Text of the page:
The properties of the analyser are of course unchanged if the applied potentials and the energies are scaled linearly together.

As already described, the potential applied to the outer cylinder 3 varies linearly from +1039.7 V at the left hand end to −5198.6 V at the right hand end. This linear variation in potential can be implemented by means of a cylinder 3 made from a material of high resistivity or, alternatively, the required potential may be simulated by means of a plurality of electrically conductive loops or rings, each of which is maintained at a different uniform potential. The inner cylinder 2 which is maintained at ground potential may be made from electrically conductive material. The distribution of potential in the region between cylinders 2,3 is uniform as a function of azimuthal angle about the longitudinal axis zz. The potential φ(r,z) can be expressed in terms of the radial and axial coordinates (r,z) by the expression:

φ(r,z)=−WzInr/1nR 2   (1)

where z, r and R2 are all expressed in units of R1.

Because an analytical solution to the equations of motion in the electrostatic field appear not to exist, the accurate CPO-2D program available on web site http://cpo.ph.man.uk has been used to solve Laplace's equation for various practical systems and to integrate the equations of motion to obtain particle trajectories.

Referring again to FIGS. 1 and 2, electrons emanating from source 1 on the longitudinal axis zz are focused on the surface of the inner cylinder 2 after energy analysis and the electrons are detected there by a curved detector array 6 that conforms to or forms part of the surface of the inner cylinder 2.

As will be described in greater detail hereinafter, the electron beam B spans a predetermined angular range in azimuth about the longitudinal axis zz. The angular range may be the entire (360) azimuthal range or one or more smaller azimuthal ranges, and detector 6 may be so located and configured as to detect for electrons in one or more of these angular ranges. Detector 6 may take the form of a microchannel array detector or a microsphere plate detector or a position-sensitive resistive plate detector or any other suitable form of detector.

In a particular embodiment, the charged particle source 1 comprises a target located on the longitudinal axis zz and an irradiation device for directing radiation onto the target to generate charged particles. The irradiation device may, for example, be an electron gun and may be located within the inner cylinder 2.

In practice, the trajectories of charged particles having the same energy but different elevational angles may be subject to dispersion caused by their exposure to slightly differing field intensities in the region between the inner and outer cylinders 2,3, and this reduces the sharpness of the focused image. However, the axial position zs of the source 1 and the medial, elevational launch angle {overscore (θ)}s of the charged particle beam can be optimised to minimise the dispersive effect of the electrostatic field over the entire energy range of interest.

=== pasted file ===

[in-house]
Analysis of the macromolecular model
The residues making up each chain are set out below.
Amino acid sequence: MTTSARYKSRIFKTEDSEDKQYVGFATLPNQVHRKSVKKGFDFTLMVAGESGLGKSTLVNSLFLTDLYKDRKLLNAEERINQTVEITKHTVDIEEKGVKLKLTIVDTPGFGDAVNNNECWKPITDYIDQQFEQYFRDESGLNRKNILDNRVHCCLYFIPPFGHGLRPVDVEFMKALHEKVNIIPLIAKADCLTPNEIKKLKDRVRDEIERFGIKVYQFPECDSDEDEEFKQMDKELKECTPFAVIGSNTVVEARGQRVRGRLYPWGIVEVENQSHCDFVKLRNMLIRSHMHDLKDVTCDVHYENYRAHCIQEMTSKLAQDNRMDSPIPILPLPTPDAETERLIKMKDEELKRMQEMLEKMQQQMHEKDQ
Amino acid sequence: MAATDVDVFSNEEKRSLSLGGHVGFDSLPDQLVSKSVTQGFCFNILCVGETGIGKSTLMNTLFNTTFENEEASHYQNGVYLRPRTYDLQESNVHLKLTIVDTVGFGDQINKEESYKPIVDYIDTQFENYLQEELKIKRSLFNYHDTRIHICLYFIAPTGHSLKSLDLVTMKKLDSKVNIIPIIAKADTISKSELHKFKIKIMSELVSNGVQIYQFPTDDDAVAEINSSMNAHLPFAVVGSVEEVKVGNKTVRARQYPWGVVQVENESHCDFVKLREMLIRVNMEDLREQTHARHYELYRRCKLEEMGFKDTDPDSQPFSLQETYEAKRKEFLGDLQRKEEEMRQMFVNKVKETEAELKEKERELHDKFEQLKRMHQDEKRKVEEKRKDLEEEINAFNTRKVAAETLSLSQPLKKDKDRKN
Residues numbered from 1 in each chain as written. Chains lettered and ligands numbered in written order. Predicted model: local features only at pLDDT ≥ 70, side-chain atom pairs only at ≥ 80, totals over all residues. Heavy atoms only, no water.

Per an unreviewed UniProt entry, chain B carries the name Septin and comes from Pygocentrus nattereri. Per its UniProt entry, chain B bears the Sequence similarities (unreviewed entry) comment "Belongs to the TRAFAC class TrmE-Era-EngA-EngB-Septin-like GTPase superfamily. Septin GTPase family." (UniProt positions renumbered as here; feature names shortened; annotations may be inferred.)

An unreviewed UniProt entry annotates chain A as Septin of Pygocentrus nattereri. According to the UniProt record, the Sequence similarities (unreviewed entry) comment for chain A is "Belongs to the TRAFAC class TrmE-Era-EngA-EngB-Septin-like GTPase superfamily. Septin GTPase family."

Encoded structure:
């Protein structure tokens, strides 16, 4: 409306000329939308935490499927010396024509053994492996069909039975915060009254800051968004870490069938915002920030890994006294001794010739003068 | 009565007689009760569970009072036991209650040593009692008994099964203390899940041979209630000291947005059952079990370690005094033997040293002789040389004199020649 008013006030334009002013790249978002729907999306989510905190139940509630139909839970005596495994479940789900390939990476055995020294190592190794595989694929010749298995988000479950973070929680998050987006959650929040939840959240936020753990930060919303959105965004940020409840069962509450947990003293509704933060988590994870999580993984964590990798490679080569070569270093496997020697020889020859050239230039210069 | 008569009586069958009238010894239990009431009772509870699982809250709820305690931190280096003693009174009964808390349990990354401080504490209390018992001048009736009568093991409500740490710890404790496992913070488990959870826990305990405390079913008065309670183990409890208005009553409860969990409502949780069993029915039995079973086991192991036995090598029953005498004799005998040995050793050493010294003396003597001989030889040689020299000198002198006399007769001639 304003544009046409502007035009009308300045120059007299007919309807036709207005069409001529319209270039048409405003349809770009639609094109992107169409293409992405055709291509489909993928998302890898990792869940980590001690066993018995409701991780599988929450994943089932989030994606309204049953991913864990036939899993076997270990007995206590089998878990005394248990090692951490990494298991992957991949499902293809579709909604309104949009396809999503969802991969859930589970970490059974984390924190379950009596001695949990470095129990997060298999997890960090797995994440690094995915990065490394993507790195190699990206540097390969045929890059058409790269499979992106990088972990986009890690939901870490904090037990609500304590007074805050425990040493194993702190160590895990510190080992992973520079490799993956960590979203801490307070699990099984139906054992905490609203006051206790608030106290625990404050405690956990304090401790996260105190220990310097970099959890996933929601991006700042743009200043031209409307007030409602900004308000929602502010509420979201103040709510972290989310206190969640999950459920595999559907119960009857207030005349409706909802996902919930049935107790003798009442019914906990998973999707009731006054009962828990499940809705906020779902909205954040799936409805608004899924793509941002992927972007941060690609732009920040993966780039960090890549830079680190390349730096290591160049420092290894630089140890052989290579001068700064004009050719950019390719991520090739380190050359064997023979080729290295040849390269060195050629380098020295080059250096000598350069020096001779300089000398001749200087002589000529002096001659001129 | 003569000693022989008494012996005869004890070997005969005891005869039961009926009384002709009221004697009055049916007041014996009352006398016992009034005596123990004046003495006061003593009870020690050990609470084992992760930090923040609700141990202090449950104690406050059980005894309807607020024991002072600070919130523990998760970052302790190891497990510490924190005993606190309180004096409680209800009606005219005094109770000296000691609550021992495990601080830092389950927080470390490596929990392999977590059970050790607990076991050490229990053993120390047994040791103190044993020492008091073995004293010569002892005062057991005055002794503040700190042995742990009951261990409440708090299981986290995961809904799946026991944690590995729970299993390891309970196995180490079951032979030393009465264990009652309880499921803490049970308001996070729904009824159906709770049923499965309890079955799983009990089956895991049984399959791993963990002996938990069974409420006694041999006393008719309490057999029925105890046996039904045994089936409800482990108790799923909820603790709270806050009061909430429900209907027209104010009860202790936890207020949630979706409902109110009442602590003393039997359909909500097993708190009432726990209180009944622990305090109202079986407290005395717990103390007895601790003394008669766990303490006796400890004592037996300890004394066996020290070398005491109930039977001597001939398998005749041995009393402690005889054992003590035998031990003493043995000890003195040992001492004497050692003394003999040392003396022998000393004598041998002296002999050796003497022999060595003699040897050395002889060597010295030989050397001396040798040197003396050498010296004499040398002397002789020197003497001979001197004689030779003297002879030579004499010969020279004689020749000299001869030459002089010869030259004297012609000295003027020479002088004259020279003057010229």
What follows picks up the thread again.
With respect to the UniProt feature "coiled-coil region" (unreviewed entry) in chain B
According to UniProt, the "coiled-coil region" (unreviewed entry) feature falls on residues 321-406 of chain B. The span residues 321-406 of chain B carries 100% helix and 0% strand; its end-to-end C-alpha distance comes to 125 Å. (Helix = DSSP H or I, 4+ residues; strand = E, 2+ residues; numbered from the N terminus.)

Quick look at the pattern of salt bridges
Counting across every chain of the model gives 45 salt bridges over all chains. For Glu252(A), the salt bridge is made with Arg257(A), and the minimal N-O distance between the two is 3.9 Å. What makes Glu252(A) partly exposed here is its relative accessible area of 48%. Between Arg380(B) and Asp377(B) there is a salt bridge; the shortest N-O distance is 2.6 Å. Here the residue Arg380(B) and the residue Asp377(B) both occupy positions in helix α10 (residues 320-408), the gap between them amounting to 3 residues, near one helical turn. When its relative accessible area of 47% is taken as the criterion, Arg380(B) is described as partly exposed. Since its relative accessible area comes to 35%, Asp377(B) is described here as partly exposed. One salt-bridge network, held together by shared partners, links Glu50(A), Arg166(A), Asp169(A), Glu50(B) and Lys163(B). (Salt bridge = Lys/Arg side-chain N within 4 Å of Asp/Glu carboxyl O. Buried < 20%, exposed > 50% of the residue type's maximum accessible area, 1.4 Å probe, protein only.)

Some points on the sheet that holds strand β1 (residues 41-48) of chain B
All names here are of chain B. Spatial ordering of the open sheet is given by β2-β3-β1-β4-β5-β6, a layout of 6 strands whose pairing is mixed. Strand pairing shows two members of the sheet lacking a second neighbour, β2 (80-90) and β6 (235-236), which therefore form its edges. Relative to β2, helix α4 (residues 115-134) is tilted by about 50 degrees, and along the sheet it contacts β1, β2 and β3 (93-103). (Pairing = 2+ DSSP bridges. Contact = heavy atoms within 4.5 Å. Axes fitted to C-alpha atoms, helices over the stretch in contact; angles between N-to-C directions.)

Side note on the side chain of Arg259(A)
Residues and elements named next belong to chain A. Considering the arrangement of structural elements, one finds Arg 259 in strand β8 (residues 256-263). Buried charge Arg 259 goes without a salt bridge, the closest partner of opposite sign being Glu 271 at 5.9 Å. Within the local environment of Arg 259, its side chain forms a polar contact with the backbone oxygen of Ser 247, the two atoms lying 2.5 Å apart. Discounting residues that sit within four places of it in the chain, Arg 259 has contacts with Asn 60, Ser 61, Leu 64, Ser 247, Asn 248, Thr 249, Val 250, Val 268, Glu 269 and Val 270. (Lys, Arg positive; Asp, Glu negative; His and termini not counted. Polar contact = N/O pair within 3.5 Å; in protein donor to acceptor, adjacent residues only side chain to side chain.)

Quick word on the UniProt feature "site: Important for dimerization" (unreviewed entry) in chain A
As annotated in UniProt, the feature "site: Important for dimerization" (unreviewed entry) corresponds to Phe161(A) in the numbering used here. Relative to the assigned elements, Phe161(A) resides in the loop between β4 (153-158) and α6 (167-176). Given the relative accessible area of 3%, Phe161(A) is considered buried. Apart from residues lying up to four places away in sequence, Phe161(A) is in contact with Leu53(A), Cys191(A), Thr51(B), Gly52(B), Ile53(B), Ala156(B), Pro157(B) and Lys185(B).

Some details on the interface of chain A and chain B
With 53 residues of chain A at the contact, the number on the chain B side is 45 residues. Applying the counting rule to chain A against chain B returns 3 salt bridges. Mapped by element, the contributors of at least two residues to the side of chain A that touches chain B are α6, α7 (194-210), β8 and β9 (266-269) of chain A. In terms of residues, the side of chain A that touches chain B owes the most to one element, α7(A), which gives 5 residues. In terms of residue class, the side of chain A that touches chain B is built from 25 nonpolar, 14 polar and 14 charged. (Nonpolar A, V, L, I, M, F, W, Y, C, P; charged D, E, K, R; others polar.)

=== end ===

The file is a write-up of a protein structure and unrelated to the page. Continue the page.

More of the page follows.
The axial position zi of the image fonned by charged particles of energy Ei can be expressed as:

z i =c 0 +c 2s−θ0)2 . . . ,   (2)

where c0 is the axial position of the image if there is no dispersion, c2 is a constant, θ0 is the elevational launch angle needed to bring the charged particles to a focus at the axial position c0 when dispersion is present and θs is the launch angle of the trajectory of a charged particle within the beam.

The optimal condition exists when θ0 is constant over the entire energy range of interest and in the embodiment described with reference to FIG. 1 this condition is almost satisfied when zs is set at −1.85R1. Table 1 lists the resultant values of θ0 and zi obtained using this setting for eight different energies, namely 125 eV, 200 eV, 300 eV, 500 eV, 800 eV, 1250 eV, 2000 eV and 3000 eV. A suitable medial launch angle {overscore (θ)}s is then 0.472 rad (27.04).

As can be seen from this Table, the values of θ0 are approximately constant over the whole energy range, the slight inconstancy of θ0 being less than the typical range of angles accepted from a source.

A plot of exemplary trajectories is shown in FIG. 1, and these same trajectories are shown in FIG. 2 on an enlarged scale together with the contours of selected equipotentials.

Table 1 also includes values of the relative energy dispersion Edzi/dE (normalised with respect to R1) and a set of energy resolutions ΔE (normalised with respect to W), and these parameters are now defined.

It will be apparent from equation 2 above that the spread Δzi in the axial position of an image at each energy Ei is given by the expression:

Δz i =|c 2|(Δθmax)2   (3)